Public health agencies adapt COVID lessons to curb overdoses, gun violence

This news comes from KHN (Kaiser Health News), a national newsroom that produces in-depth journalism on health issues. Along with Policy Analysis and Survey, KHN is one of the three main operational programs at KFF (Kaiser Family Foundation). KFF is a non-profit organization equipped to provide information on health issues to the nation.

LIVINGSTON, Montana – Shannan Piccolo walked into a hotel with a bag full of Narcan and a speech about how easy it is to use the drug that can reverse opioid overdoses.

“Hopefully your business will never have to respond to an overdose, but we’d rather have some Narcan on hand just in case,” Piccolo, director of the Park City-County Health Department, told the manager of the hotel.

The manager listened to Piccolo’s instructions on how to use Narcan, the brand name of the drug naloxone, and added four canisters of nasal spray to the hotel’s first aid kit.

The transaction took less than 10 minutes. It was the third hotel Piccolo had visited on that hot July day in Livingston, a mountain town of about 8,000 people where, as in much of the country, health officials are concerned about a recent surge in the use of synthetic fentanyl opioid.

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It was the first time the local health department offered door-to-door training and supplies to prevent overdose deaths. The underlying strategy was created during the pandemic when public health officials distributed rapid tests and vaccines in high-risk settings.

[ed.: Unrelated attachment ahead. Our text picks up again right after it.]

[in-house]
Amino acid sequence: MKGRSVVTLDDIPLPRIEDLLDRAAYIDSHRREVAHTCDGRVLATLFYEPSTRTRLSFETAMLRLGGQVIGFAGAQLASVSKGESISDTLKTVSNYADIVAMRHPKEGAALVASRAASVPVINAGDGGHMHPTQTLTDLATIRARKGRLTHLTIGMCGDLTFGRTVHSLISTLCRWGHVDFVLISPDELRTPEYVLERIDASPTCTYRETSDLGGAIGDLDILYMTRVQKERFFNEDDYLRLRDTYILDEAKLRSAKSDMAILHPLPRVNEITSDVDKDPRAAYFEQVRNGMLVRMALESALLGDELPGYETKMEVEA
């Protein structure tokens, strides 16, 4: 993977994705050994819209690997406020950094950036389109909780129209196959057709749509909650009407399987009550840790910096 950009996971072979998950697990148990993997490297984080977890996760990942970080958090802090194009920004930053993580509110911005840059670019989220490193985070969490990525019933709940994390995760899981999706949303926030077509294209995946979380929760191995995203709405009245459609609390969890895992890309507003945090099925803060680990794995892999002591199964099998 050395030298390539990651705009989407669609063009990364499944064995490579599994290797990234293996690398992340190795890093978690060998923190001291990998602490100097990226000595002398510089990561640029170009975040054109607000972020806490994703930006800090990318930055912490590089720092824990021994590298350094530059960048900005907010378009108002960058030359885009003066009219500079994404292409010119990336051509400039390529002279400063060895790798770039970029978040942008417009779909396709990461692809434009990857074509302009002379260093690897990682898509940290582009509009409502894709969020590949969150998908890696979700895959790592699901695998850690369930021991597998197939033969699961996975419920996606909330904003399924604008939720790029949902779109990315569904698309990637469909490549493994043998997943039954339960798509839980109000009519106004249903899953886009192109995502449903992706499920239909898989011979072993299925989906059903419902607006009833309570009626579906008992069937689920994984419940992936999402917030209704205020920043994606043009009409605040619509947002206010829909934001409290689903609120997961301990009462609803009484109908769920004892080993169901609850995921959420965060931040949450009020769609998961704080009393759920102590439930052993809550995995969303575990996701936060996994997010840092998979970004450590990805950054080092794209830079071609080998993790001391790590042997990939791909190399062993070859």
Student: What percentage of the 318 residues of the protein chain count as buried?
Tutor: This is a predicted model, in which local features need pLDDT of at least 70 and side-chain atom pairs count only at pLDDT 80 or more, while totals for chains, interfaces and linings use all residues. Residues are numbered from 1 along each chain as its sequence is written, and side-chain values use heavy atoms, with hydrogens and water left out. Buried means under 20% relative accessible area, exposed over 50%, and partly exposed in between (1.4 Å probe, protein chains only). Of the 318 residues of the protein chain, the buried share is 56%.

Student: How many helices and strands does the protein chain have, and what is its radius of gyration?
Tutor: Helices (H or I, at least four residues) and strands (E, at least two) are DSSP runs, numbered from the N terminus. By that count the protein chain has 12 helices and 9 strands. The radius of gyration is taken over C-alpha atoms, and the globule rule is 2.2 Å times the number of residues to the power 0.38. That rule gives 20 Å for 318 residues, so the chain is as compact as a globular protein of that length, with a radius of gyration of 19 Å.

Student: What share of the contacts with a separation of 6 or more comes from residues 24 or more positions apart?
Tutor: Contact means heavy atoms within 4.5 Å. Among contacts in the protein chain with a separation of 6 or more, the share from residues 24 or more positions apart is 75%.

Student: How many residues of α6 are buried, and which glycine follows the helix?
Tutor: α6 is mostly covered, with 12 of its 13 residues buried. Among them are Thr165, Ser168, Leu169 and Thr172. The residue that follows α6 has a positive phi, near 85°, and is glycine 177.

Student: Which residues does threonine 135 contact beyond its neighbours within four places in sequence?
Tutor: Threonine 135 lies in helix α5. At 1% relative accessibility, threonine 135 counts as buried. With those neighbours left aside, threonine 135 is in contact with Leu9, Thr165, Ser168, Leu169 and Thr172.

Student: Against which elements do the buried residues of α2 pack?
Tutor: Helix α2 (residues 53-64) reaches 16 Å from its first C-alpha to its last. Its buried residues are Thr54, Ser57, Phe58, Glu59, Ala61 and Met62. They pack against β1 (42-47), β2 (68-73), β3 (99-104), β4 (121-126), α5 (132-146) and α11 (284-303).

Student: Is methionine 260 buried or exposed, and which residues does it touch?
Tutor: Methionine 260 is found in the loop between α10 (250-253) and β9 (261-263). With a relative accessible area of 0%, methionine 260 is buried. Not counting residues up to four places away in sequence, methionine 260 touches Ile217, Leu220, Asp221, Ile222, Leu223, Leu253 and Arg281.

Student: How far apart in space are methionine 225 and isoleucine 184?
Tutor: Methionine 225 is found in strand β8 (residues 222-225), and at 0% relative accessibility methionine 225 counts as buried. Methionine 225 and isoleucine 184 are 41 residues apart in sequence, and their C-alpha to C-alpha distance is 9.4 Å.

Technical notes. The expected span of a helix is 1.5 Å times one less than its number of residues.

“We learned that from COVID,” said Dr. Laurel Desnick, the county’s public health officer. “We go to people who might not have time to come to us.”

The pandemic exposed gaps and inequities in the US public health system and often resulted in crackdowns on local officials trying to slow the spread of the coronavirus. But one positive result, fueled in part by an increase in federal dollars, is that health workers are beginning to adapt the lessons they’ve learned from their response to COVID-19 to other aspects of their work.

For example, in Atlanta, the county health department planned to mail kits to homes to test for the disease, a program modeled on the distribution of rapid COVID tests. In Houston, health officials announced this month that they will begin monitoring the city’s wastewater for monkeypox, a tactic widely used to gauge how far and quickly COVID spreads. And in Chicago, government agencies have modified the COVID co-ops to label an increase in gun violence.